In the wake of the upcoming general election my news feed has been suspiciously quiet.
During the recent American election campaign my social media feed was flooded by angry status updates, links to clips and petitions and invitations to demonstrations and protests. Young people demanding change by standing up to injustice and making their voice heard. And yet when the time comes to make a definite change in their own country, young people in Britain seem remarkably indifferent.
I am no exception. I attended the anti-Trump women’s rights march, signed many petitions in the wake of the ‘Muslim ban’, and can name far more members of Trump’s cabinet than that of Theresa May’s.
This level of apathy is reflected in the polls. In each general election from the 1960s up until and including in the 1997 general election (when the Labour party under Tony Blair won a landslide victory), around 66% of young people turned out to vote. But, since 1992, youth turnout rates at UK general elections has been in sharp and steady decline culminating in a 43% youth turn out to the 2015 general election, compared with 66% across the electorate.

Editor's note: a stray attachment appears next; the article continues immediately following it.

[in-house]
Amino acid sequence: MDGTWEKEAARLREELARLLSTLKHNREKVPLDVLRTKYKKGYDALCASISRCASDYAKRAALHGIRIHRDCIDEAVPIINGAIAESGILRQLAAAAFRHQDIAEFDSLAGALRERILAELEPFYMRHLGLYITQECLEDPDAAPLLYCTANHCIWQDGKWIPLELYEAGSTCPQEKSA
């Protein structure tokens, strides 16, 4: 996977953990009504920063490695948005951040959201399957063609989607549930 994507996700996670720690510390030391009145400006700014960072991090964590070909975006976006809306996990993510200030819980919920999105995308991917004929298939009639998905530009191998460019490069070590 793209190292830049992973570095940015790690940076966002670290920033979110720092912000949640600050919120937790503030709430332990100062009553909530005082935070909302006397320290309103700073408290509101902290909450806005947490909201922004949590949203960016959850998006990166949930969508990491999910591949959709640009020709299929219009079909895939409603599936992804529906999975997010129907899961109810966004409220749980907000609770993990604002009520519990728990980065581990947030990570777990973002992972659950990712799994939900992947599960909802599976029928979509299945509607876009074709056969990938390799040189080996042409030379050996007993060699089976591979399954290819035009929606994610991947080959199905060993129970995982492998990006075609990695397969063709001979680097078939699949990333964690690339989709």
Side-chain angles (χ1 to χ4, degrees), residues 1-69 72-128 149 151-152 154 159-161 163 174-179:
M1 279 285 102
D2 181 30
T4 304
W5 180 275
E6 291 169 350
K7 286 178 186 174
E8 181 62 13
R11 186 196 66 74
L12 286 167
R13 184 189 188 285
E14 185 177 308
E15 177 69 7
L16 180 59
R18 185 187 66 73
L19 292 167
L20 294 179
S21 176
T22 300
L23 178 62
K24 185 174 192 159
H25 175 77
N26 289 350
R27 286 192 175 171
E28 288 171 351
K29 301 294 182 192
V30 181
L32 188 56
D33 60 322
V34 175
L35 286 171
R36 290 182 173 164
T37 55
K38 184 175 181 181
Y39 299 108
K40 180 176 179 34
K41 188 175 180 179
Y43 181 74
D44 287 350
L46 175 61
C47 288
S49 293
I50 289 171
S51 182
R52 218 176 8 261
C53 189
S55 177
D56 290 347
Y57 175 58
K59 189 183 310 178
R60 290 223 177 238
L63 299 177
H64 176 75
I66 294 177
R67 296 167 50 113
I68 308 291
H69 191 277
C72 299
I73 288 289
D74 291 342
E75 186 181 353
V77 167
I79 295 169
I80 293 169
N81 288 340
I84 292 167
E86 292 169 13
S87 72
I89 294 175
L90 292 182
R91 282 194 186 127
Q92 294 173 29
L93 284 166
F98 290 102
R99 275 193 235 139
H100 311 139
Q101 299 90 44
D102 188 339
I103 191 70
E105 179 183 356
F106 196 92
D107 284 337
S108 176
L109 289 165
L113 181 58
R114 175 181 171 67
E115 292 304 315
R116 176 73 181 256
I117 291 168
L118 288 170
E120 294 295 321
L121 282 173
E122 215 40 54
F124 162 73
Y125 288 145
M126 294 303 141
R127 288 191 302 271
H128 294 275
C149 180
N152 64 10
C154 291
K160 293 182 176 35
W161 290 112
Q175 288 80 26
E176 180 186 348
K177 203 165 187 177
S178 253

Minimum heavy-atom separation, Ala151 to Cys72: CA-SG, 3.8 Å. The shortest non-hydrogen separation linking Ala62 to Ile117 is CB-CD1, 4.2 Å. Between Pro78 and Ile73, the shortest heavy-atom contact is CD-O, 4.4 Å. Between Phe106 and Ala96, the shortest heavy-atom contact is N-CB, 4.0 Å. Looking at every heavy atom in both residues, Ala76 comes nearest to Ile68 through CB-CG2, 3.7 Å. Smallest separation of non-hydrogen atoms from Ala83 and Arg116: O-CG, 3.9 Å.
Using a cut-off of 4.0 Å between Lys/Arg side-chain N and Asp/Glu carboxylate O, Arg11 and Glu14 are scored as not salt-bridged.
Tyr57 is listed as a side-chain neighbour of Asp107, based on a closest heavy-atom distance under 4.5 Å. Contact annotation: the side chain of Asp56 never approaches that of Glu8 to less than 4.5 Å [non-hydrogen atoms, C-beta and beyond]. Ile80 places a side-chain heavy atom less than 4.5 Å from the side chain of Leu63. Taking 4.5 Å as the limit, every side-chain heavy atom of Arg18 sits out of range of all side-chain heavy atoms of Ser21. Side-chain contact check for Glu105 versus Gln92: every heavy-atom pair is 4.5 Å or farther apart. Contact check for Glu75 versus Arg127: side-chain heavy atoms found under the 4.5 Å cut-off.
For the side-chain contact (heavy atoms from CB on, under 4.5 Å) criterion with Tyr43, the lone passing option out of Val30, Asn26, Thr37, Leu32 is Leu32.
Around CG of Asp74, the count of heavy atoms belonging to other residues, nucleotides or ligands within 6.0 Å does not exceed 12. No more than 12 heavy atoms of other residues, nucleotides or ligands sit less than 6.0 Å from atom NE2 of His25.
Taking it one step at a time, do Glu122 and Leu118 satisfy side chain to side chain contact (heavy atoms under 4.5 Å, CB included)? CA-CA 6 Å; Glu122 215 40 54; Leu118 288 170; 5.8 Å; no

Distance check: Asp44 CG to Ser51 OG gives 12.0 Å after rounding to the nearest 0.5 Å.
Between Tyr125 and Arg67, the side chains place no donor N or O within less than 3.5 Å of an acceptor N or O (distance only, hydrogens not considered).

So what has changed? Why do young people no longer feel that getting involved in politics is a viable way to implement change?
There is no simple answer. Yet, with the country still reeling after our shock departure from the European Union, despite 75% of young people voting to remain, it is no wonder that we feel our voice is not
being heard. Many young people feel that they have been robbed of free education and affordable housing and now, in the wake of Brexit, shall no longer enjoy the freedom of movement granted to our elders. Young people are left with the sentiment that voting is futile and that politicians have nothing to offer them.
However, unless we can find a way to once again engage the young population in current affairs then nothing will improve. An estimated 75% of people 65 years and over will vote in this election compared to only 42% of 18- to 24-year-olds. Politician's actions reflect the wants of those of an active electorate, and implement policies for the people who can put them into power.
Older people vote, and sadly, and increasingly, we do not.